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I am trying to study the representation of the Weil group from the book "The Local Langlands Conjecture for $GL(2)$". I have some problem with the topology of this group.

Let $F$ be a non archimidian local field, so a finite extension of $\mathbb{Q}_p $ for a prime $p$. If $\overline{F}$ is an algebraic closure of $F$ and $F_{\infty}$ is the maximal unramified extension of $F$ in $\overline{F}$, we have an exact sequence $$1 \to \mathcal{Gal}(\overline{F}/F_{\infty})\to \mathcal{Gal}(\overline{F}/F)\to \mathcal{Gal}(F_{\infty}/F) \to 1.$$

Since ${\mathcal{Gal}(\overline{F}/F})\cong \lim \mathbb{Z}/m\mathbb{Z}$ and in $\mathbb{Z}/m\mathbb{Z}$ we have the Frobenius element, we have an element $\Phi_F=(\Phi_m)_m\in \lim \mathbb{Z}/m\mathbb{Z}$, called geometric profenious substitution where $\Phi_m$ is the inverse of the Frobenius element in $\mathbb{Z}/m\mathbb{Z}$. We define the Weil group as the topological group that satisfies the exact sequence $$1 \to I_F \to W_F \to <\Phi_F> \to 1$$ with $I_F=\mathcal{Gal}(\overline{F}/F_{\infty})$. The topology of $W_F$ is the topology in which $I_F$ is open, $I_F$ in $W_F$ has the same topology of $I_F$ in $\mathcal{Gal}(\overline{F}/F)$ and the map $\iota:W_F \to \mathcal{Gal}(\overline{F}/F)$ is continuous.

I am trying to understand who are the open subgroup of $W_F$. Of course, since $\iota:W_F \to \mathcal{Gal}(\overline{F}/F)$ is a continuous map, all the open subgroups of $\mathcal{Gal}(\overline{F}/F)$ are open subgroups of $W_F$. So all the groups of the form $W_F \cap \mathcal{Gal}(\overline{F}/E)$ with $E/F$ finite extension are open subgroups of $W_F$. In the book there is a (not proved) proposition that classify the open subgroup of finite index of $W_F$: they are of the form $W_F \cap \mathcal{Gal}(\overline{E}/E)$ for some finite extension $E$ of $F$, so the ones that I declared before.

Of course we have other open subgroup, infact $I_F$ has to be open (it is also closed) since $W_F/I_F$ is discrete, but in $\mathcal{Gal}(\overline{F}/F)$ it is closed but not open.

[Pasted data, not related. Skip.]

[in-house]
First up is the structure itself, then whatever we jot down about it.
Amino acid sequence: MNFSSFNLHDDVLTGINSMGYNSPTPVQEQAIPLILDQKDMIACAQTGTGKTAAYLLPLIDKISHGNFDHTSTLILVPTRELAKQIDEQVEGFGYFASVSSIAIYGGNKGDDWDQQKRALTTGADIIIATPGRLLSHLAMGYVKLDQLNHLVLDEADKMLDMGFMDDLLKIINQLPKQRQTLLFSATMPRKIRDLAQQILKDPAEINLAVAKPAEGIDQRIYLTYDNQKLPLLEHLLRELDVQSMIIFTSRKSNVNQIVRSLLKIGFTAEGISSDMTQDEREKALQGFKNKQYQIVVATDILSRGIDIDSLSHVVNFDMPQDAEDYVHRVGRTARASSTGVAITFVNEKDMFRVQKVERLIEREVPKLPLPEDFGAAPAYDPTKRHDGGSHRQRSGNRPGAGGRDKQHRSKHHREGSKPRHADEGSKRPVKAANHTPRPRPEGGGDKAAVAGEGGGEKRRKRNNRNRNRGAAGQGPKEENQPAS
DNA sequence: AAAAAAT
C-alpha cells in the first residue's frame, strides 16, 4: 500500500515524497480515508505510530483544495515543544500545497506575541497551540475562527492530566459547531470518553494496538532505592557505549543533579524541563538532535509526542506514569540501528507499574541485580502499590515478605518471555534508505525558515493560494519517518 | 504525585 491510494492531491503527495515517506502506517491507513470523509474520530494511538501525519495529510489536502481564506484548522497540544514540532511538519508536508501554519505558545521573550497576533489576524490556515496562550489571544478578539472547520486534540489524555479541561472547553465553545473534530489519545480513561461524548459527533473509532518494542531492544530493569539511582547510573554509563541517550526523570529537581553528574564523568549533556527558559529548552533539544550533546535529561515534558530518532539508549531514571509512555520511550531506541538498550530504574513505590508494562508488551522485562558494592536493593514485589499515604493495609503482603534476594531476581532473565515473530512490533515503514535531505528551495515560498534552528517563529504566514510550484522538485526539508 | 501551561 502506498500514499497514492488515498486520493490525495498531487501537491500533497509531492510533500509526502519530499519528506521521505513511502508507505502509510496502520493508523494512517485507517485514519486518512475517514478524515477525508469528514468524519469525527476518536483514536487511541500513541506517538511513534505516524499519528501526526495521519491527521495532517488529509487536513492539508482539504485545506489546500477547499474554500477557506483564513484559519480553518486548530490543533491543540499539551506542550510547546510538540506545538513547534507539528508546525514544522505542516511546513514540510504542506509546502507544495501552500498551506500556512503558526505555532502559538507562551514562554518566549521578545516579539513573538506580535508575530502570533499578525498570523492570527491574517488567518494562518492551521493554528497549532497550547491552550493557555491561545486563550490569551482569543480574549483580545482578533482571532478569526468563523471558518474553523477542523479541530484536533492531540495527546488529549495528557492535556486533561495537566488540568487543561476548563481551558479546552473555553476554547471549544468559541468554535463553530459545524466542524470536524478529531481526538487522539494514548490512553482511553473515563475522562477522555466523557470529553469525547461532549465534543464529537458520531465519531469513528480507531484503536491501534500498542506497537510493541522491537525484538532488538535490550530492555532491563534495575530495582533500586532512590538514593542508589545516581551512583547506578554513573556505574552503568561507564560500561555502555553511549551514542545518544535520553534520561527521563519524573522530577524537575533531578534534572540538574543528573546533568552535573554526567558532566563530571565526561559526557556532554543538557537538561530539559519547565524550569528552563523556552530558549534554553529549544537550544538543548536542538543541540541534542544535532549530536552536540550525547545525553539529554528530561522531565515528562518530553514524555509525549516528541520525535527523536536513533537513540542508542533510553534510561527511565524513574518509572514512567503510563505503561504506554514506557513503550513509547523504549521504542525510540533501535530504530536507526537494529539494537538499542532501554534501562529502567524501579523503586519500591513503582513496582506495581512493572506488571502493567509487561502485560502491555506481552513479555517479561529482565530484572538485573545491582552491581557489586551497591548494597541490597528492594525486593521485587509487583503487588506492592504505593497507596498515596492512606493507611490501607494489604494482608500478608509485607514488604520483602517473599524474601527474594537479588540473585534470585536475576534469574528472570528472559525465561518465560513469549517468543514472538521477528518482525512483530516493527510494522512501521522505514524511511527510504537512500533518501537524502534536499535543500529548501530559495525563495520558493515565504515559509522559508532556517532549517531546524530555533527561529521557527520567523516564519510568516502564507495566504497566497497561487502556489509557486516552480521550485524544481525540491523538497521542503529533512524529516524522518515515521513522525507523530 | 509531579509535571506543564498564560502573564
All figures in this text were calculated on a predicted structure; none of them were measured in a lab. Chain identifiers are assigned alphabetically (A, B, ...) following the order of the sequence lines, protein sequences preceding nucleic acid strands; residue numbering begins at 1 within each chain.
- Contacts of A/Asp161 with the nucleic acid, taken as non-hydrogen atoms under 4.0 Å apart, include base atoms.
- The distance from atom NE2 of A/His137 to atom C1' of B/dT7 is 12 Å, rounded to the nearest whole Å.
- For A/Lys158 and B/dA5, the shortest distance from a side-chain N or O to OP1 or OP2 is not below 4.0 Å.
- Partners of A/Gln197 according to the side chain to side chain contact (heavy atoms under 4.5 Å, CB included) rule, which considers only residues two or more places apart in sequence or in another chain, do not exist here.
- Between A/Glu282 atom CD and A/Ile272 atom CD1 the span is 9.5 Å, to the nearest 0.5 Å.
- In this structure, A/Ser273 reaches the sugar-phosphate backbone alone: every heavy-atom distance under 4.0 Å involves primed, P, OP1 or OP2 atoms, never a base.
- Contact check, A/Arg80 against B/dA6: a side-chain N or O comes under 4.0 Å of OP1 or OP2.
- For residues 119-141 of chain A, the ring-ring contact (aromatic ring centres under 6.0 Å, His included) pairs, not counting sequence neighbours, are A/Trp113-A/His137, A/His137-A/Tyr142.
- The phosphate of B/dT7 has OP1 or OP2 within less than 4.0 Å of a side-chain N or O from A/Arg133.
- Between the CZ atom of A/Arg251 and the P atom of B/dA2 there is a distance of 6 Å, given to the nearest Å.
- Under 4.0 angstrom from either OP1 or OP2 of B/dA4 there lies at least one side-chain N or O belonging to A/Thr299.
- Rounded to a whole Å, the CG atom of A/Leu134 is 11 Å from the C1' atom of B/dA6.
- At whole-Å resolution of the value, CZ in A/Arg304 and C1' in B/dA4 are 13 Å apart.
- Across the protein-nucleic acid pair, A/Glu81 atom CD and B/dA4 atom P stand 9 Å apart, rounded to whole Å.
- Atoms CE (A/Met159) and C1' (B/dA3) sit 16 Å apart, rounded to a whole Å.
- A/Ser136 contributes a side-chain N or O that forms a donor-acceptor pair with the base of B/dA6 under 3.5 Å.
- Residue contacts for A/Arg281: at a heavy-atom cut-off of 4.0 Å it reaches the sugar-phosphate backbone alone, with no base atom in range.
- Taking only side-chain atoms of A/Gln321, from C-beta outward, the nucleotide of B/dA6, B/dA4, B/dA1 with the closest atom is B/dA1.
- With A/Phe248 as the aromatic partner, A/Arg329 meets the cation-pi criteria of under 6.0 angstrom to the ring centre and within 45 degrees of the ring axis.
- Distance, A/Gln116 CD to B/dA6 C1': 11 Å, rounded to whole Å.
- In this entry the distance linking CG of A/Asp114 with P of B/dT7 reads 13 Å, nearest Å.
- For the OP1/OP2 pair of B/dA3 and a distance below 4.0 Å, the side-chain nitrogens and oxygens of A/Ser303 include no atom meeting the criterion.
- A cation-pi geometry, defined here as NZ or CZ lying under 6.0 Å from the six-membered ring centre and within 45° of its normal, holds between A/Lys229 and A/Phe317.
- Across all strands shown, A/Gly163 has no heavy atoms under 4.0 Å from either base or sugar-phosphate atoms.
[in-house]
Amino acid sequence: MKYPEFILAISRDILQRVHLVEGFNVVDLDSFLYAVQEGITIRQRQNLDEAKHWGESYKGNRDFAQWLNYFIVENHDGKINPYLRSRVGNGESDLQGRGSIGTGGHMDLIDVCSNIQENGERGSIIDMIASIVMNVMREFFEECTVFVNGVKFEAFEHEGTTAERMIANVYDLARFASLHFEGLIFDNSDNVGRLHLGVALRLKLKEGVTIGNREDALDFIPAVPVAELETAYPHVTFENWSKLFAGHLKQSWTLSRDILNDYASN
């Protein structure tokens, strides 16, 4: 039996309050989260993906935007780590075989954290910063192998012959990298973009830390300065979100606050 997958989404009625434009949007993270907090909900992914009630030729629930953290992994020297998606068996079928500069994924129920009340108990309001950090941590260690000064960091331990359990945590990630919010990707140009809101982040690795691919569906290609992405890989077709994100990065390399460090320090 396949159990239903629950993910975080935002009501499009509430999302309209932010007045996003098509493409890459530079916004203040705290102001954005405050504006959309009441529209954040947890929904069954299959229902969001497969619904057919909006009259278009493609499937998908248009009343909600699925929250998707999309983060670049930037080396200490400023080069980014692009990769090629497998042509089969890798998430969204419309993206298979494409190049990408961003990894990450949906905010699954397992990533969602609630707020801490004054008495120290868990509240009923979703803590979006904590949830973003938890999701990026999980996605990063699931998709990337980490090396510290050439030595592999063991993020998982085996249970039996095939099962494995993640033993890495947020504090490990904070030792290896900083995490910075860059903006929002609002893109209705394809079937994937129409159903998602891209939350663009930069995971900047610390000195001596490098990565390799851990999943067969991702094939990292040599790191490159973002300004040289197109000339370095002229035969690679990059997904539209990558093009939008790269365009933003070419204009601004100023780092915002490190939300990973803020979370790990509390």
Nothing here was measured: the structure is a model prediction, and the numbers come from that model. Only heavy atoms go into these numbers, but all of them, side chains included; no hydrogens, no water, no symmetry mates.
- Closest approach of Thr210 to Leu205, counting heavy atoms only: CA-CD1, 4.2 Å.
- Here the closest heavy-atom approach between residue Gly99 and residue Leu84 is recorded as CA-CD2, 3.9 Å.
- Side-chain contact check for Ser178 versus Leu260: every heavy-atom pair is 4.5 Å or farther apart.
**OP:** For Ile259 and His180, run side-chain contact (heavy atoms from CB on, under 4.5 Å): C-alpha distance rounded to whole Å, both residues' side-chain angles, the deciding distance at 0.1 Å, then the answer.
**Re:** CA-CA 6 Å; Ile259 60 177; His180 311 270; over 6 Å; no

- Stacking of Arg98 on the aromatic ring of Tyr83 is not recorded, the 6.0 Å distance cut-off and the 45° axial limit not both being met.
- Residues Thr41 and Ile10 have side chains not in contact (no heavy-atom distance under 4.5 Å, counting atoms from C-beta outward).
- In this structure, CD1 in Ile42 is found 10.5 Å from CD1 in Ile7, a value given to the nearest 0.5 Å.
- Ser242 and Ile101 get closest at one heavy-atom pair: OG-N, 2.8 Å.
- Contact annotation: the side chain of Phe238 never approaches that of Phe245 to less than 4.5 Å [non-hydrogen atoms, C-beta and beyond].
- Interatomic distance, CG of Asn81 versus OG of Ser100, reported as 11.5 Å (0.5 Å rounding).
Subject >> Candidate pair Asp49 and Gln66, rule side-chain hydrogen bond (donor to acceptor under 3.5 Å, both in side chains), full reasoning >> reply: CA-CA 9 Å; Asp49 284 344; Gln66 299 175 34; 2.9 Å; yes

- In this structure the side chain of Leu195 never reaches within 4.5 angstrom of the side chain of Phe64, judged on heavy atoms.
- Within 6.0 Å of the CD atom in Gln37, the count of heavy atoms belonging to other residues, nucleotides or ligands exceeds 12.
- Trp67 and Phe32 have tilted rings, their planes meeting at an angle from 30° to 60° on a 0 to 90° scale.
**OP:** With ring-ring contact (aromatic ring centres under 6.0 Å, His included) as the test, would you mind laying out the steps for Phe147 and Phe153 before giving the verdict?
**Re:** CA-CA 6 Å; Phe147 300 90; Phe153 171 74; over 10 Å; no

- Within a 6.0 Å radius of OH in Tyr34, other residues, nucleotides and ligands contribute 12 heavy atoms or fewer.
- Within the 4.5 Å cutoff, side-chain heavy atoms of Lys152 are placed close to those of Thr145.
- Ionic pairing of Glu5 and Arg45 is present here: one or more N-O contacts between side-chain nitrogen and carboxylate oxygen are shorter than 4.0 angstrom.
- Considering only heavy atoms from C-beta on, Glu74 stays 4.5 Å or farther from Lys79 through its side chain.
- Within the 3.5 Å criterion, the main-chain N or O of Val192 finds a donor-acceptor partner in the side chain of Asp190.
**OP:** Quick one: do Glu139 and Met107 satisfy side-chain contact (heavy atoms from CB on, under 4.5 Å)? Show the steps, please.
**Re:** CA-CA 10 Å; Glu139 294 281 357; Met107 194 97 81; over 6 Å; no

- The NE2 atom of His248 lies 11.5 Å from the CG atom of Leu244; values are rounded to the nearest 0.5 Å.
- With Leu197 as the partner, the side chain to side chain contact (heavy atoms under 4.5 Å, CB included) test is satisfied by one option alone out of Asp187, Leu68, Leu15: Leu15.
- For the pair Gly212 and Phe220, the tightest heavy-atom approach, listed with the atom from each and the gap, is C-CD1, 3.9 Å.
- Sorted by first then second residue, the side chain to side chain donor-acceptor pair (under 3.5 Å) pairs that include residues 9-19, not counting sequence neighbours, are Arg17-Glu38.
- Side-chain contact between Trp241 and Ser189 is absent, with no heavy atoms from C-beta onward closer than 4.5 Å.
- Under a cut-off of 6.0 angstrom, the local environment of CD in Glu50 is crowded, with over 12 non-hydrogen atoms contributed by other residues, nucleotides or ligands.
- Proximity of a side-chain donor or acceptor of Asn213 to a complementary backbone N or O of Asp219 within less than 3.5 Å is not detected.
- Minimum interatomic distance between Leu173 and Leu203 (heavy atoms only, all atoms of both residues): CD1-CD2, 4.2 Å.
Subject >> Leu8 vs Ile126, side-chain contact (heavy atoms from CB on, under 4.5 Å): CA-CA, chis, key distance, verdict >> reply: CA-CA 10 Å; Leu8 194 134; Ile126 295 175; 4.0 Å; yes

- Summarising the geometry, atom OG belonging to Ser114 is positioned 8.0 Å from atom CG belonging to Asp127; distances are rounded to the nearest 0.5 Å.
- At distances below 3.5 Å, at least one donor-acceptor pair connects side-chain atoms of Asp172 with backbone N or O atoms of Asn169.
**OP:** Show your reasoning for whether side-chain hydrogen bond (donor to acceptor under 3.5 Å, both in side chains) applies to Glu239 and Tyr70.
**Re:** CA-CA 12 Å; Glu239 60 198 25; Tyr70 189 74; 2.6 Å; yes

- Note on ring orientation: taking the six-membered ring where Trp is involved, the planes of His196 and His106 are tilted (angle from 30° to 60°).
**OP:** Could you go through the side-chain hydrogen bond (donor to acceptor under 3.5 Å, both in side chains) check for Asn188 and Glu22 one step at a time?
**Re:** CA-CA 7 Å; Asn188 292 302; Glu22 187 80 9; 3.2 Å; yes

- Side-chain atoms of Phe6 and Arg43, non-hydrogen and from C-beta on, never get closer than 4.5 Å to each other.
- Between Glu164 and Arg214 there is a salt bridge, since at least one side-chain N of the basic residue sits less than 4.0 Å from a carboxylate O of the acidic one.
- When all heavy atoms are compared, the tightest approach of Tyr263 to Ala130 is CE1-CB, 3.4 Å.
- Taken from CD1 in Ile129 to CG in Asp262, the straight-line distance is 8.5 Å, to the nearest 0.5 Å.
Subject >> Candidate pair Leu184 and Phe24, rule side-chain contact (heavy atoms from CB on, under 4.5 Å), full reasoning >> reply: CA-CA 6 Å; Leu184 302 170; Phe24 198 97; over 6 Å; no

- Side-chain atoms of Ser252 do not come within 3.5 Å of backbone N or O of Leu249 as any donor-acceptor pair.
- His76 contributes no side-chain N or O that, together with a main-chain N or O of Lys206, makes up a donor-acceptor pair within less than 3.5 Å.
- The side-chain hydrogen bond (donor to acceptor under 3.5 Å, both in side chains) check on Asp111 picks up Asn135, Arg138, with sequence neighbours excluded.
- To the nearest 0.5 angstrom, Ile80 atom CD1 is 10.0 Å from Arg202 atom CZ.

I would a better classification of the open subgroup of $W_F$ and their connection with $I_F$. For example, in the book that I mentioned in the first part of my question, when it takes a smooth representation $(V,\pi)$ of $W_F$, it assume that the open subgroup that fix an element $v \in V$ is of the form $I_F \cap \mathcal{Gal}(\overline{E}/E)$ for some finite extension $E/F$, and not only an open compact subgroup of $W_F$.

I am sure that there is a deep connection with the fact that $$W_F=<I_F,\sigma>$$ where $\sigma$ is a lift of $\Phi$. But it is not clear to me the connection between the open of $W_F$ and $I_F$.

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1 Answer 1

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Note that in a topological group $G$, any subgroup $H$ containing an open subgroup $U$ is itself open: we can write $H$ as a disjoint union of $hU$ for a set of coset representatives for $H/U$, and each $hU$ is open. Thus a subgroup $H \subseteq W_F$ is open if and only if $H \cap I_F$ is open in $I_F$.

If it helps, you can choose a lift $\sigma \in W_F$ of $\Phi$ to write $W_F$ as a semidirect product $I_F \rtimes \mathbf Z$. Under this identification, $W_F$ has the product topology on the underlying set $I_F \times \mathbf Z$ of $I_F \rtimes \mathbf Z$. Indeed, $W_F$ has a neighbourhood basis given by opens $Uw$ for $w \in W_F$. Writing $w$ as $(i,f)$ for $i \in I_F$ (inertia part) and $f \in \mathbf Z$ (power of Frobenius), we get $$Uw = (U,1)(i,f) = (Ui,f)$$ (even with the semidirect product $(n_1,h_1)(n_2,h_2) = (n_1\ {^{h_1}n_2},h_1h_2)$, which is why I'm using right cosets instead of left cosets). These form a basis for the product topology on $I_F \times \mathbf Z$ since the groups $Ui$ for $i \in I_F$ and $U \subseteq I_F$ an open subgroup form a basis for the topology on $I_F$.

A third way to see what open subgroups $U \subseteq W_F$ look like is by looking at their image in $\mathbf Z$. This will be a subgroup of $\mathbf Z$, hence either $0$, in which case $U \subseteq I_F$, or a finite index subgroup, in which case $U$ has finite index in $W_F$, hence comes from an open subgroup in $\operatorname{Gal}(\bar F/F)$.

Finally, note that every open subgroup $U$ of $I_F = \operatorname{Gal}(\bar F/F^\text{nr})$ comes from an open subgroup of $\operatorname{Gal}(\bar E/E)$ for some finite unramified extension $F \subseteq E \subseteq F^\text{nr}$. Indeed, $U$ corresponds to a finite field extension $F^{\text{nr}} \to L$, and a generator for $L$ over $F^{\text{nr}}$ can already be defined over a finite subextension $F \subseteq E \subseteq F^{\text{nr}}$.

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